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To Mary
George Custer


I've seen and kissed that crimson lip
    With honied smiles o'erflowing
Enchanted watched the opening rose
    Upon thy soft cheek flowing
Dear Mary, thy eyes may prove less blue,
    Thy beauty fade tomorrow,
But oh, my heart can ne'er forget
    Thy parting look of sorrow.

This poem is in the public domain.




George Custer (1839 - 1876) was a U.S. military officer who became famous during the American Civil War and further broadened his legend as a brave, but brash commander in settling the American West. George wrote this poem in 1856 when he was passionately in love with Mary Jane (Mollie) Holland. He was seventeen; she was a teenager, too, though we don't know exactly how old. Ambitious from an early age, George was teaching school in Ohio while petitioning for admittance to West Point. There were a fair amount of reasons he should not have been accepted, but Mollie's father had some pull and, knowing that a cadet could not be married and would have to be in New York--far away from his daughter!--for the next five years, he was happy to use his influence to send George on his way. Ultimately, George married Elizabeth (Libbie) Bacon, whom he knew as a child, and the two enjoyed a loving and supportive relationship from their union in 1862 until his death at Little Bighorn.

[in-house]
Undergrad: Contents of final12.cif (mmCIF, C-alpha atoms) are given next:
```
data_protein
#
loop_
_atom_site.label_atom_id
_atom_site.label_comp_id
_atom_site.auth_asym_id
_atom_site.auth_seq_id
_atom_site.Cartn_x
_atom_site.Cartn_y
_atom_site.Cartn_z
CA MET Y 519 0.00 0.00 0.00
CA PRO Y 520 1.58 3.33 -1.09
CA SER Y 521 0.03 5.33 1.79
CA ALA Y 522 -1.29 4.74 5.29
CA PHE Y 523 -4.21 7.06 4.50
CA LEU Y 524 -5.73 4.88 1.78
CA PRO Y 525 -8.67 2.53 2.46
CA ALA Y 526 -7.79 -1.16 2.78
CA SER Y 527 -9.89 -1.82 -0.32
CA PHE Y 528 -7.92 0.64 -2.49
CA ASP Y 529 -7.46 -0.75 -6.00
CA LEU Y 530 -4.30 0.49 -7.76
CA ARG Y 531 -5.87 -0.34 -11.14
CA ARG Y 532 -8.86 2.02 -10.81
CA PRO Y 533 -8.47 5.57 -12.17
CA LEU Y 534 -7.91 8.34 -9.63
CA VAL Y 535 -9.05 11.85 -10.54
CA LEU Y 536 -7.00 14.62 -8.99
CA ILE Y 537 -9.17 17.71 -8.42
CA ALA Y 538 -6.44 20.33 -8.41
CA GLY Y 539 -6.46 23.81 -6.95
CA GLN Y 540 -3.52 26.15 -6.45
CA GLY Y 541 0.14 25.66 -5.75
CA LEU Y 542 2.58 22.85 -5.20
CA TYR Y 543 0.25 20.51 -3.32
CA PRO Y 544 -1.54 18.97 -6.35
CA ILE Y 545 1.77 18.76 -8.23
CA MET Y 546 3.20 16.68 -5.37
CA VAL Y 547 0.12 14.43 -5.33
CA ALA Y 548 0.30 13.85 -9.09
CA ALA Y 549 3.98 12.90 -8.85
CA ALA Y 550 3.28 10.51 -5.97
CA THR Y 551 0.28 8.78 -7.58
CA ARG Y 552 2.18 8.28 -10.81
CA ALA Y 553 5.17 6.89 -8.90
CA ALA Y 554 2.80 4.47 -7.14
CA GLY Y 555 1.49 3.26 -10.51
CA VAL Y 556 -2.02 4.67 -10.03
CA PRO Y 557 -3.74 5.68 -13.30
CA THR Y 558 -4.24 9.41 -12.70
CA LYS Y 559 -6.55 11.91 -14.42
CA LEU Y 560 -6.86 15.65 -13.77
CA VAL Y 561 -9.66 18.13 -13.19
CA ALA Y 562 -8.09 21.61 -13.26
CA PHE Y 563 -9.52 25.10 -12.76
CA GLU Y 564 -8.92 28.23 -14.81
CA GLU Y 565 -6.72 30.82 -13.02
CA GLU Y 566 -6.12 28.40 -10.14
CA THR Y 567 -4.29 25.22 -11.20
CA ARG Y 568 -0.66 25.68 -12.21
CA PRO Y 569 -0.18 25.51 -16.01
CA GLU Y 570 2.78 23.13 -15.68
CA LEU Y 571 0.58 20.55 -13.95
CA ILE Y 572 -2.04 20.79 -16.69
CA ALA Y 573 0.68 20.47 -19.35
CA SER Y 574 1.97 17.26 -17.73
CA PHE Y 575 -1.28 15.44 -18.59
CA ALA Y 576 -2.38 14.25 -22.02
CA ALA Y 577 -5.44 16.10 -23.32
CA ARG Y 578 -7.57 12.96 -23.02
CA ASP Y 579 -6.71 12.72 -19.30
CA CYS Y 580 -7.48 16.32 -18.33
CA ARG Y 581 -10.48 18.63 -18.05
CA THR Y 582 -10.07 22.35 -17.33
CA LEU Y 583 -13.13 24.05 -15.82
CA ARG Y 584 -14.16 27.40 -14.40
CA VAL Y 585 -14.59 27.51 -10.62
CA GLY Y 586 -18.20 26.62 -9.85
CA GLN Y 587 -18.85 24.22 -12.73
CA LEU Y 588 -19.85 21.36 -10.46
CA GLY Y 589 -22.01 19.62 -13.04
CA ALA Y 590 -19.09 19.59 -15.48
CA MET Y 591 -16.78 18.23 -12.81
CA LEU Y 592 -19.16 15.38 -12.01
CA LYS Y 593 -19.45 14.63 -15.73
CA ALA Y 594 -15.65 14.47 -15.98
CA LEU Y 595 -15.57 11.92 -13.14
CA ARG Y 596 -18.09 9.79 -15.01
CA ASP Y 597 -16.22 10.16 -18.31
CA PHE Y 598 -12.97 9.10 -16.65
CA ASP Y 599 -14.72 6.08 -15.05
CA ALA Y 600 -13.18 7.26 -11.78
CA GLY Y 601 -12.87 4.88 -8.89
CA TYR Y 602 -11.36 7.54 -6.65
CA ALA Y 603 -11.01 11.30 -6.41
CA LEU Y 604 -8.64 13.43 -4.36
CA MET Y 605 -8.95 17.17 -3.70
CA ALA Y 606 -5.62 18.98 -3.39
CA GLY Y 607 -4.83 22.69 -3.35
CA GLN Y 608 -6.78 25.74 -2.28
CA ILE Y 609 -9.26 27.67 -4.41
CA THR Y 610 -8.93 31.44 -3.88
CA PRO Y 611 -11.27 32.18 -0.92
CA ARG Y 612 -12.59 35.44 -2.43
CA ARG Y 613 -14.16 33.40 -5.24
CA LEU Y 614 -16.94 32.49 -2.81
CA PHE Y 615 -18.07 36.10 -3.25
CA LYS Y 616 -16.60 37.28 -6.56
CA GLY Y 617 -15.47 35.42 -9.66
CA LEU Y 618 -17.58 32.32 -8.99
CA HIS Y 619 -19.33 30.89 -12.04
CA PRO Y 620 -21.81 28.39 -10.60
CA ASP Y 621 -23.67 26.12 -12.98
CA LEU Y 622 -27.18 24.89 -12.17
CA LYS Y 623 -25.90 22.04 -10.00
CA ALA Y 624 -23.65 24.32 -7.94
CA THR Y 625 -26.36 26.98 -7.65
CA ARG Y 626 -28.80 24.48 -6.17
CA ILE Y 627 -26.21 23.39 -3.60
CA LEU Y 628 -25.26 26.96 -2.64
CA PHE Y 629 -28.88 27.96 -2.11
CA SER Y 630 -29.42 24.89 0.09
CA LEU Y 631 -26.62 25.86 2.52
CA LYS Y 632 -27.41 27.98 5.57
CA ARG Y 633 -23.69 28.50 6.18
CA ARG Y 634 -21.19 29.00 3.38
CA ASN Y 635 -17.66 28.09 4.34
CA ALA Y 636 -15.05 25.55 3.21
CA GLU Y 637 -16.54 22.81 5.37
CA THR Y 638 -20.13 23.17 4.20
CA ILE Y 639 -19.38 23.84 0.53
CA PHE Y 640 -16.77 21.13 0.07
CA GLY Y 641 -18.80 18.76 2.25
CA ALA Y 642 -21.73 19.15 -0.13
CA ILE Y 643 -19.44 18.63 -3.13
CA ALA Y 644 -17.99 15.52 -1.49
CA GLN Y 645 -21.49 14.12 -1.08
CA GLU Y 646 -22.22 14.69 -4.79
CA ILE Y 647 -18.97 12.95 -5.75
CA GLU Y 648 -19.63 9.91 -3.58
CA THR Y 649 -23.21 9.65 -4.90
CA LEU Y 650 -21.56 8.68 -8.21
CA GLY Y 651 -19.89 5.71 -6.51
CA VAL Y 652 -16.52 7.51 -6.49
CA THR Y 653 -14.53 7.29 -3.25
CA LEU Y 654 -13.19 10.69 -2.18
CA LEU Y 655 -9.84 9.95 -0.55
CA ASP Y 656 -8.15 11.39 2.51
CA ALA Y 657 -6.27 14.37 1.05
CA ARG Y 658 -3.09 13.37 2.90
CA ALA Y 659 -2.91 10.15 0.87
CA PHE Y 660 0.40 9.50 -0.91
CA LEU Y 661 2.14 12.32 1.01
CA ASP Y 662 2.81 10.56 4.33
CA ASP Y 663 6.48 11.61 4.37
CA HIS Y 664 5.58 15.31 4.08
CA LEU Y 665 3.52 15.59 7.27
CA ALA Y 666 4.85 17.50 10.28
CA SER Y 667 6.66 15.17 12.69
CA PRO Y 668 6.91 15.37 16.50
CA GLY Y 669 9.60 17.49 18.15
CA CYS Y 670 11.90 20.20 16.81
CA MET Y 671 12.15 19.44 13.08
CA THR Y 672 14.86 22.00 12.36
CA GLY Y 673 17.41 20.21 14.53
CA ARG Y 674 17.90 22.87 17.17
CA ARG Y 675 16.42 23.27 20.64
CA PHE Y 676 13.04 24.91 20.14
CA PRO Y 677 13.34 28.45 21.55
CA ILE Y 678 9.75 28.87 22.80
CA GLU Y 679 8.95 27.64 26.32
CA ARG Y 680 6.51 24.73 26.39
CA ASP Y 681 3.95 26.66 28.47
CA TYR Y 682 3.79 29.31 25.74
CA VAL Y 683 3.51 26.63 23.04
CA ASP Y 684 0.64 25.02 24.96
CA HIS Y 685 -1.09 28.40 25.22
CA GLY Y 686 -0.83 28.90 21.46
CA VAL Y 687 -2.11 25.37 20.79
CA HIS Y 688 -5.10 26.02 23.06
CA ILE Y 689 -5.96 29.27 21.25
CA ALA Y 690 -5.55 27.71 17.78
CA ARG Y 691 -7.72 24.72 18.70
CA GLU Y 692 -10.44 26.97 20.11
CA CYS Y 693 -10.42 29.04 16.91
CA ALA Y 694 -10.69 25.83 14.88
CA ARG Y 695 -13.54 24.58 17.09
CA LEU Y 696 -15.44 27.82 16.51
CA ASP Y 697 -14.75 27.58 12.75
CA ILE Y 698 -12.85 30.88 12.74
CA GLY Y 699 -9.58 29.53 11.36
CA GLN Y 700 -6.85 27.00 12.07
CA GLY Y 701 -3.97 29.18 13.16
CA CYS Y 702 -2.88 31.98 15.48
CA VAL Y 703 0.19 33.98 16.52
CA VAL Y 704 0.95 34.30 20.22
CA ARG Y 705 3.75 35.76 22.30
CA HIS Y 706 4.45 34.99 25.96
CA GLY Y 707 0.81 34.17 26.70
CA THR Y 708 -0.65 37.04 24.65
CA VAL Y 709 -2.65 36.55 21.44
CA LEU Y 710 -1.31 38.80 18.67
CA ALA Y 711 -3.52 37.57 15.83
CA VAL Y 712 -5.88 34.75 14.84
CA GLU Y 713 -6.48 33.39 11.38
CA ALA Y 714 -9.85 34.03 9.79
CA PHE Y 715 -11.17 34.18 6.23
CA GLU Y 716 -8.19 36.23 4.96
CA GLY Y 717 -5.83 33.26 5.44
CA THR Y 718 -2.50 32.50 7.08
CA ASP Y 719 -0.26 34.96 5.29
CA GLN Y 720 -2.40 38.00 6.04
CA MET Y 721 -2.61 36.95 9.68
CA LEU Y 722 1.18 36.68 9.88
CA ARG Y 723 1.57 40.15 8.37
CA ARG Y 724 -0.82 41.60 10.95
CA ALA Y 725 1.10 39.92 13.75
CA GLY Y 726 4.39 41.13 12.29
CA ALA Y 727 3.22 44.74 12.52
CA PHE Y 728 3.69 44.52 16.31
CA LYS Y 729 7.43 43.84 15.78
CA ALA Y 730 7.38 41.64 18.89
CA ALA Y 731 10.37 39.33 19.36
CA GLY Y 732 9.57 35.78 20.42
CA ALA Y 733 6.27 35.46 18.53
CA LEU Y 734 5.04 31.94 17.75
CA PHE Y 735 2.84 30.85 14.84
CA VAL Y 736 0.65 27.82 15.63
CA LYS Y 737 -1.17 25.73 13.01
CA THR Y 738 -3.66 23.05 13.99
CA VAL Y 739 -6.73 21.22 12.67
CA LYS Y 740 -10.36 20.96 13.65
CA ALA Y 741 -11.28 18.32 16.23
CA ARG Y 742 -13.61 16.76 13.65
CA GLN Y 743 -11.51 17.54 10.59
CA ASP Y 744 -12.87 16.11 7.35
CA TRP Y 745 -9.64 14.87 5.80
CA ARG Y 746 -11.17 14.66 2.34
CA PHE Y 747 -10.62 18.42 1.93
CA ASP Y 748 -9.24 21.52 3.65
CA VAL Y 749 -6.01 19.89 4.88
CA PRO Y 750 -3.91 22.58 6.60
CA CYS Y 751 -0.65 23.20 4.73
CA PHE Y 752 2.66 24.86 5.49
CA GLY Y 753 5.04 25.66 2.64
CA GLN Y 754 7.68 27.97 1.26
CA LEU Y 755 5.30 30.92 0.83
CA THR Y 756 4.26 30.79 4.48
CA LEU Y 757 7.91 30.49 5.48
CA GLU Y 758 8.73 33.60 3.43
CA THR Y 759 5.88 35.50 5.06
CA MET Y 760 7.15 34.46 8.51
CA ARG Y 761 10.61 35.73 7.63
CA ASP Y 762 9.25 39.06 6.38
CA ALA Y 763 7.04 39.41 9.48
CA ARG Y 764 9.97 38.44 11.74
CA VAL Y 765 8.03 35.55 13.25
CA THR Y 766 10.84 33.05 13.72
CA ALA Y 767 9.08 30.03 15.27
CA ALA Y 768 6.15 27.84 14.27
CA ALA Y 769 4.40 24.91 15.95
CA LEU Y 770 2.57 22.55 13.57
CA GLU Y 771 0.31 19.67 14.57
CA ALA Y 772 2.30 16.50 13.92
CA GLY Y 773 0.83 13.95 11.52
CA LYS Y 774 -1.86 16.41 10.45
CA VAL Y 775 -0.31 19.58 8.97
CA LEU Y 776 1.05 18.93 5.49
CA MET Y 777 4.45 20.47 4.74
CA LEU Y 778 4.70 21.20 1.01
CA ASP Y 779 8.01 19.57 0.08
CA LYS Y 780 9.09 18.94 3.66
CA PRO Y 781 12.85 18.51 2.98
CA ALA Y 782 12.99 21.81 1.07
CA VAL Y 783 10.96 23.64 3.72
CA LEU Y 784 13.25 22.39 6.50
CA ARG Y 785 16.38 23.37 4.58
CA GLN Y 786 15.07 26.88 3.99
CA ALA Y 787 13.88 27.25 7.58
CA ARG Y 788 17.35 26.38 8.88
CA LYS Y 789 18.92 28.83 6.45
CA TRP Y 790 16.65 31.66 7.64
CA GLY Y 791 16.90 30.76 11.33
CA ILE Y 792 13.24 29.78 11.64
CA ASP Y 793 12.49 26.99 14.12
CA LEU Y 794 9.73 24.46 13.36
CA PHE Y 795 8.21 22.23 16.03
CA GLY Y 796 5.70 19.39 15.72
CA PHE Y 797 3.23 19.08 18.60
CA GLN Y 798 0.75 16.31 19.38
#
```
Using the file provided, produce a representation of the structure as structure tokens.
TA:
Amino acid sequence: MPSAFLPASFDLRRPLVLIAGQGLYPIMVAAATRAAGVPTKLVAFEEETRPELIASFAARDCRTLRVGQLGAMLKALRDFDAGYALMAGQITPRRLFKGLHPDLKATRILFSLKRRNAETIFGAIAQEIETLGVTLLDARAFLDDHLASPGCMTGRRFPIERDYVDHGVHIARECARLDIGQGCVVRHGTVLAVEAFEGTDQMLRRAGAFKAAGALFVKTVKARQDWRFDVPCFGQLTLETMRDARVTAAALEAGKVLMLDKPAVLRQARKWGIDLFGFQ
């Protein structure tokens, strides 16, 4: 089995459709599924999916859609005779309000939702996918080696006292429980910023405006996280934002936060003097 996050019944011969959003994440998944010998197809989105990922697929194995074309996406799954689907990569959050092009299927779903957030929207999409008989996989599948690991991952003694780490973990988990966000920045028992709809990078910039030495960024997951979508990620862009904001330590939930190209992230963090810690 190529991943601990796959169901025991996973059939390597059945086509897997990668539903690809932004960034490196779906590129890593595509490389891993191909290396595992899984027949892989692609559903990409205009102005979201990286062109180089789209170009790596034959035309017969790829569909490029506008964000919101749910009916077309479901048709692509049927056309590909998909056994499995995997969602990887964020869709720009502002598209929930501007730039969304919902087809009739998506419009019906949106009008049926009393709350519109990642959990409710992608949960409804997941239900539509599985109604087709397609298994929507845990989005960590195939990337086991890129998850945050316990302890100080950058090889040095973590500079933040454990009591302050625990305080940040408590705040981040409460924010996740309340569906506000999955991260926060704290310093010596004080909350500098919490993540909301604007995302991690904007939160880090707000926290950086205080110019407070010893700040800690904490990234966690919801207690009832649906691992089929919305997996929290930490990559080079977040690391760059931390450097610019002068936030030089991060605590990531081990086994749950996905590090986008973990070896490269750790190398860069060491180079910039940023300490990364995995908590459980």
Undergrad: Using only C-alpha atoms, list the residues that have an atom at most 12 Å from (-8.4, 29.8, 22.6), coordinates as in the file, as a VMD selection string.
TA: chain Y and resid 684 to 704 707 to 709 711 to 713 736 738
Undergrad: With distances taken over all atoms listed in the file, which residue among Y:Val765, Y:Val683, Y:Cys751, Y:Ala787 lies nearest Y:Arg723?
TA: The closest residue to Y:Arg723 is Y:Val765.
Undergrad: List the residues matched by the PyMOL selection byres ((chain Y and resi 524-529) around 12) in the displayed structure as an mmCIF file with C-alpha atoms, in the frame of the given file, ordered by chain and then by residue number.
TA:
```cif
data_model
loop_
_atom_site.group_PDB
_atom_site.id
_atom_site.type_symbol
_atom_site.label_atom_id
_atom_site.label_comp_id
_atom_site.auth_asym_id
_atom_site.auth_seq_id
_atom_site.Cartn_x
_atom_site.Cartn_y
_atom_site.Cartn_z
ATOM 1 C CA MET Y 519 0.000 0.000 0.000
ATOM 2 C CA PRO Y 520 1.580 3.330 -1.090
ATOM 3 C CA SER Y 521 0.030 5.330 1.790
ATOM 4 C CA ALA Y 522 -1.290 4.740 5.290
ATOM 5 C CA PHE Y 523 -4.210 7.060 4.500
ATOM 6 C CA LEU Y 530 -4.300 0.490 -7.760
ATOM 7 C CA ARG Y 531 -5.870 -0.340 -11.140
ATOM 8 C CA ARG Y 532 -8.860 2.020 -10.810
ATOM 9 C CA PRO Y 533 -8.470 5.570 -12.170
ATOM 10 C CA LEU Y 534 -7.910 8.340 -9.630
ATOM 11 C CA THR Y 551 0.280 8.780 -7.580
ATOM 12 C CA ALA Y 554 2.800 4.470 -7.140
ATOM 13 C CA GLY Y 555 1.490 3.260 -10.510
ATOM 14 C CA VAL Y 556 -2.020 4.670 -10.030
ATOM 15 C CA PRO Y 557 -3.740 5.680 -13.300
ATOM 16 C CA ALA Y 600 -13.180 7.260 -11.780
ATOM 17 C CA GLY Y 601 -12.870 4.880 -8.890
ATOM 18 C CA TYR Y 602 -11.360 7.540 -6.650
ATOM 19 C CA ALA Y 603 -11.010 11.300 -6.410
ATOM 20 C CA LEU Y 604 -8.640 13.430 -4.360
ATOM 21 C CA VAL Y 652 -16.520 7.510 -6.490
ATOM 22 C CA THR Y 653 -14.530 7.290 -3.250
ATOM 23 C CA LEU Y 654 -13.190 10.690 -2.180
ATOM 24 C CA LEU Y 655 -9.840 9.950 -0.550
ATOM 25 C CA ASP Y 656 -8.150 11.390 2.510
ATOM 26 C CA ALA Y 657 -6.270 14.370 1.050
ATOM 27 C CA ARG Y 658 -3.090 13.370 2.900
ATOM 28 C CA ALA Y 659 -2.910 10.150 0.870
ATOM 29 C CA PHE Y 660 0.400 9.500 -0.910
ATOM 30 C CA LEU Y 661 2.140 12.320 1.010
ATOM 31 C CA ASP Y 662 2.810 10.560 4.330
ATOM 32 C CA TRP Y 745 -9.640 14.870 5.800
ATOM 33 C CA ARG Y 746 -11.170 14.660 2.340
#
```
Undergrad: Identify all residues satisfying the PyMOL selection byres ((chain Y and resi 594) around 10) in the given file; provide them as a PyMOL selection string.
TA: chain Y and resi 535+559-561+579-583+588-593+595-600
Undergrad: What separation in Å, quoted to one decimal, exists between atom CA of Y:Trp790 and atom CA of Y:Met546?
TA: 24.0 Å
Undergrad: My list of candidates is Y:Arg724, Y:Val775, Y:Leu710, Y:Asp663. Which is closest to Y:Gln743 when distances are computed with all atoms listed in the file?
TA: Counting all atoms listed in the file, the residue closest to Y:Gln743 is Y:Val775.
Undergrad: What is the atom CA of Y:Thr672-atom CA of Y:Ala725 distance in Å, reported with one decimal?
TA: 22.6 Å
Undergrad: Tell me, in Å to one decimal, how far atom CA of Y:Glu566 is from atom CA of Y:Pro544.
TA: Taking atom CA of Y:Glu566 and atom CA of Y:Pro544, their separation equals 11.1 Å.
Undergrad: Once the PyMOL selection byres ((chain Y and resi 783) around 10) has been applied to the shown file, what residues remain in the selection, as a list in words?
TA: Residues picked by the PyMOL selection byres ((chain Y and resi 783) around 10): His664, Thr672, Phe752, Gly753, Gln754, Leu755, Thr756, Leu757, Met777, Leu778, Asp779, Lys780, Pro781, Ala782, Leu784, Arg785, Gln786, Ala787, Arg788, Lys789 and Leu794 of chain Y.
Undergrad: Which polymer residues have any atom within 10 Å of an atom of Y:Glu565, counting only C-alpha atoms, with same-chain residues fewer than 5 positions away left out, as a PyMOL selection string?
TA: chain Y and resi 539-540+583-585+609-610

Post New Comment:
Interesting find, obviously influenced by the romantics.
Posted 02/01/2019 09:25 AM
michael escoubas:
Agree that this is a pretty good poem! What makes it "good" in my opinion is that Custer, known for his narcissism, shows none of that in this piece! What wonders doth love show.
Posted 02/01/2019 09:10 AM
Some are lovers and others are fighters.
Posted 02/01/2019 08:45 AM
I do love to read a love poem and he certainly was a man in love. Although history teaches that he was a willful man, he expresses himself well.
Posted 02/01/2019 08:42 AM

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